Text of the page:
The best airlines for your summer break

Airport queue

If you're planning a last-minute deal for your summer holidays, it might pay to have a quick glance at the latest league table of airlines. Which? has listed the highest and lowest-scoring airlines to fly to Europe with, and while it may not seem a top priority when all you want is a week in the sun, it could start to matter when you spend the first few days getting over the horror of the flight.

So who is the best, and who came bottom of the Which? survey?
Which? asked 8,000 passengers to rate the airlines based on everything from value-for-money to check-in processes, boarding, cabin environment and the airline staff.

It rated all 16 short-haul airlines in the UK, to come up with a recommendation for each destination.


For Spain, British Airways took the top spot., the no-frills airline, also scored well, and took the top spot for some of the destinations that BA doesn't cover - including the Canary and Balearic Islands. The bottom of the list for the mainland was Ryanair, and for the islands was Thomas Cook Airlines.

For Italy, was first out of the six carriers which fly to the country. BA came a close second, while Ryanair was last on the list.

For Greece, the scores were lower across the board, and no airline had a final score above 50%. However, EasyJet was the winner, and Thomas Cook Airlines was bottom of the pile.

For Turkey, Turkish Airlines was a clear winner, although for beach holiday destinations flying with this airline does mean a change in Istanbul. A direct flight isn't everything though: Monarch, which has direct flights to these destinations, was bottom of the pile.

For Portugal BA was the winner, while Thompson Airways was last.

For France, BA took the top spot, while Ryanair took the last position.

However, if you're planning a trip to the North of France, you might be better off by boat. In that case it might be worth bearing in mind that the Institute of Customer Service has rated P&O ferries as its highest-performing ferry company - with a marginally higher score than British Airways.

Make sure your holiday doesn't end in disaster – get travel insurance

Your rights

Whoever you fly with, things can go wrong, so it's worth knowing the basics about your rights before you go.

If your flight is cancelled or overbooked the airline must find alternative means of transport or offer you a refund. If the flight is delayed by five hours or more you're also entitled to a refund - although it means the end of your holiday.

If you are delayed for more than two hours you are entitled to refreshments, and any meals, plus two free phone calls or emails. If the flight is delayed until the next day, you may be offered overnight board, and travel between the airport and the accommodation, depending on the length of the delay and the flight distance.

If you are denied boarding, the flight is cancelled, or you arrive more than three hours late, you may be entitled to compensation of between 250 euros and 600 euros depending on the circumstances involved and the distance you are flying.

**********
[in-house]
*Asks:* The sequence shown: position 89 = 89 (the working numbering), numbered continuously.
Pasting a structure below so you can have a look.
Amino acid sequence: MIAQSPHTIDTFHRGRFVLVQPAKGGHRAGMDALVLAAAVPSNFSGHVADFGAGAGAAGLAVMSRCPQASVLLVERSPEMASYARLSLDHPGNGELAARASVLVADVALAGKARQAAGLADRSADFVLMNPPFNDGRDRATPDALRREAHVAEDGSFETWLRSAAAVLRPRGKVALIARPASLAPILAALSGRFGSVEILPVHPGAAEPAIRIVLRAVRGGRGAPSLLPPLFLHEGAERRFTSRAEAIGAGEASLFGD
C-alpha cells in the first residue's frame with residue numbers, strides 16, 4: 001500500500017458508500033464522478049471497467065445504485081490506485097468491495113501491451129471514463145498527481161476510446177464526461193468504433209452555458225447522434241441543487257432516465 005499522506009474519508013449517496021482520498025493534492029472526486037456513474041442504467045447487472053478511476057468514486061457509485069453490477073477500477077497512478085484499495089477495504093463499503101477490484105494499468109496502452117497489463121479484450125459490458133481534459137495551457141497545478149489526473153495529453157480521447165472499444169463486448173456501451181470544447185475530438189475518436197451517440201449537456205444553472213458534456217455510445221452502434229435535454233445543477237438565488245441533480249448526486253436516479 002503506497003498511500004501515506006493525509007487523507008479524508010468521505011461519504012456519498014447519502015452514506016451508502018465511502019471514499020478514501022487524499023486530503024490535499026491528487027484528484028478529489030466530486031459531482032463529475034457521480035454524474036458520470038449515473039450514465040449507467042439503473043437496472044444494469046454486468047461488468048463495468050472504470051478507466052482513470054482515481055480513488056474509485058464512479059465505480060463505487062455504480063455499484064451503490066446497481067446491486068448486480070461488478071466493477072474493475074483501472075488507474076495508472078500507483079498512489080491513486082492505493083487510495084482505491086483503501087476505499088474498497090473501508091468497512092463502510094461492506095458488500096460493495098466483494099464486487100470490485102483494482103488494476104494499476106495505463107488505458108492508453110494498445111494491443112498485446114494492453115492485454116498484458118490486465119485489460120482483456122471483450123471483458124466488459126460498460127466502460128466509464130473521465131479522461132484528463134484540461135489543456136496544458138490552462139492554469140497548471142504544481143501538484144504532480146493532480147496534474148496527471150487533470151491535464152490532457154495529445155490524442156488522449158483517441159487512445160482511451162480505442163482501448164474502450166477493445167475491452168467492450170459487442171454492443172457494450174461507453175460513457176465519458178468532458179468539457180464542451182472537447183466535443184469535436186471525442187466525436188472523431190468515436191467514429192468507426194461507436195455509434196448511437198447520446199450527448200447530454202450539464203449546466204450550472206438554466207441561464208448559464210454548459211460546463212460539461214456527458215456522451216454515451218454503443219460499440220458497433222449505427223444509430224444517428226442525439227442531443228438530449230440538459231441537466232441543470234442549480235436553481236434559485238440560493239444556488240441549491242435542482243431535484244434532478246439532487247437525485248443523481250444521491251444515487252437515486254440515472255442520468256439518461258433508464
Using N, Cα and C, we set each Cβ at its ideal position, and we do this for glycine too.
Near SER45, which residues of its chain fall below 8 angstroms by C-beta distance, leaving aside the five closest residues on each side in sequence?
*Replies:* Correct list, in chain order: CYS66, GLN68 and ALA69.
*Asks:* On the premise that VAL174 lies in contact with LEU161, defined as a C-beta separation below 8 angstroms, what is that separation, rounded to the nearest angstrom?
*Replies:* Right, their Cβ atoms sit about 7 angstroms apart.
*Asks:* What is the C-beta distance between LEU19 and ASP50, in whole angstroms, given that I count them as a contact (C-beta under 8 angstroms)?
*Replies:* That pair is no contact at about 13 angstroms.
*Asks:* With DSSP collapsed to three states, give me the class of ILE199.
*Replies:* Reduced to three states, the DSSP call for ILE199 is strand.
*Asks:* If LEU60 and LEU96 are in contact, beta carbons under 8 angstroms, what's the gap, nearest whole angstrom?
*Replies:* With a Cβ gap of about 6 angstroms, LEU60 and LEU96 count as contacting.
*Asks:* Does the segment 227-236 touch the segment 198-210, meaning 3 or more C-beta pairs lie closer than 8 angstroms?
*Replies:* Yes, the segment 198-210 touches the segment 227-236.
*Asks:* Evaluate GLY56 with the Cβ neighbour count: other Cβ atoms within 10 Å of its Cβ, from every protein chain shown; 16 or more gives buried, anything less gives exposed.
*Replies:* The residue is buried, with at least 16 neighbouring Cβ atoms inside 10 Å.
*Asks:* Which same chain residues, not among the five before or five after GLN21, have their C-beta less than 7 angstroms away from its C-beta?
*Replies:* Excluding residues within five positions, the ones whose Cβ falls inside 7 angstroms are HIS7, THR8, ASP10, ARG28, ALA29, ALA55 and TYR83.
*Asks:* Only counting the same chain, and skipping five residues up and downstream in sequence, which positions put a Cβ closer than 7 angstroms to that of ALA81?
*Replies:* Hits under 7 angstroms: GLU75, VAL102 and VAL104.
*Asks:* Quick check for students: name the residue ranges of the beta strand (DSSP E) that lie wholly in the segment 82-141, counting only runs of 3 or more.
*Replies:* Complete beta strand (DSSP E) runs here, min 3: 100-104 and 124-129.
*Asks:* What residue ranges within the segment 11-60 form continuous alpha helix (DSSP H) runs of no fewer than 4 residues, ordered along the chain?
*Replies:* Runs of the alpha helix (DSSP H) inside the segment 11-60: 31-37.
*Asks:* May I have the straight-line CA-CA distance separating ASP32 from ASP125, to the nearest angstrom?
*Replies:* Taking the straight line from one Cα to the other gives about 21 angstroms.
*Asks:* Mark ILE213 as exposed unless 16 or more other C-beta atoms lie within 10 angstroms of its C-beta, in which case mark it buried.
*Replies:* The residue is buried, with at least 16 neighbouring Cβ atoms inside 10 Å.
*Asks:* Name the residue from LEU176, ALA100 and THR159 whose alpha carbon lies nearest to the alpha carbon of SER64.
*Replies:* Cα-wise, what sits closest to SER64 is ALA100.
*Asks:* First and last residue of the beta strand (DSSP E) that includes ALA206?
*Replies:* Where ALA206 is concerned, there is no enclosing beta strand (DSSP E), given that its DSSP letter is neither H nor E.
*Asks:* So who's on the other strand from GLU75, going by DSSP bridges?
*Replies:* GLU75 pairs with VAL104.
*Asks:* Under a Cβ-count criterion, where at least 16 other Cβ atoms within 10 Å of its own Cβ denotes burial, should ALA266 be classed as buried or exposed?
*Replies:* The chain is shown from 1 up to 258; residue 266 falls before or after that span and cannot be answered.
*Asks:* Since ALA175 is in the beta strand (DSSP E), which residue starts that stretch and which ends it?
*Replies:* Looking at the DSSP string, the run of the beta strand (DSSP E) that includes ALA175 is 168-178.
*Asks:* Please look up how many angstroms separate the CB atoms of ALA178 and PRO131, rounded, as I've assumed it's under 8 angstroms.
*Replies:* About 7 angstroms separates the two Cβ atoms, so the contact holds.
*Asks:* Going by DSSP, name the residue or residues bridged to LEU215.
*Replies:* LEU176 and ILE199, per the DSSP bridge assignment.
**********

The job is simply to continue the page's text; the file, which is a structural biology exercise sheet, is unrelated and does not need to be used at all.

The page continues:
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The best airlines for your summer break

If you are a victim of a strike, or any other event beyond the airline's control (including ash clouds!), they must offer you a refund (in which case it's up to you to find a way home) or an alternative flight. While you are waiting for the flight you have the right to food and refreshment and accommodation.

If you are on a package holiday, your tour operator is entirely responsible for looking after you until you get back to the UK.

This is more likely to happen due to the financial crisis, but in some situations you are covered. 

If you pay by credit card and it's over £100, you'll get a refund from the card company. 

Your travel insurance may well cover you too, but check before you go.  

Talk to the airline, and if it is temporarily misplaced they should arrange for it to be sent to your accommodation, and you should be either given cash to cover the essentials in the interim.

If it's completely lost you must wait 21 days and then make a claim for compensation. If you are travelling as part of a package you can claim costs from your operator.

If you are travelling within the EU you need an EHIC card, which gives you access to public healthcare. However, this won't necessarily be free, and if you need extra services such as accommodation for a carer, a helicopter home or a delayed flight, you could end up seriously out of pocket.

The only protection that will guarantee you will be looked after without running up a horrendous debt is by having travel insurance - which often covers up to £10 million of costs.

The most common form of theft is pick-pocketing, followed by theft from a car and bag snatching. Meanwhile, 752,000 of those surveyed had items stolen from their hotel room or villa.

If you have anything stolen, your only protection is insurance. You need to tell the local police immediately and get a crime reference for your travel insurer.


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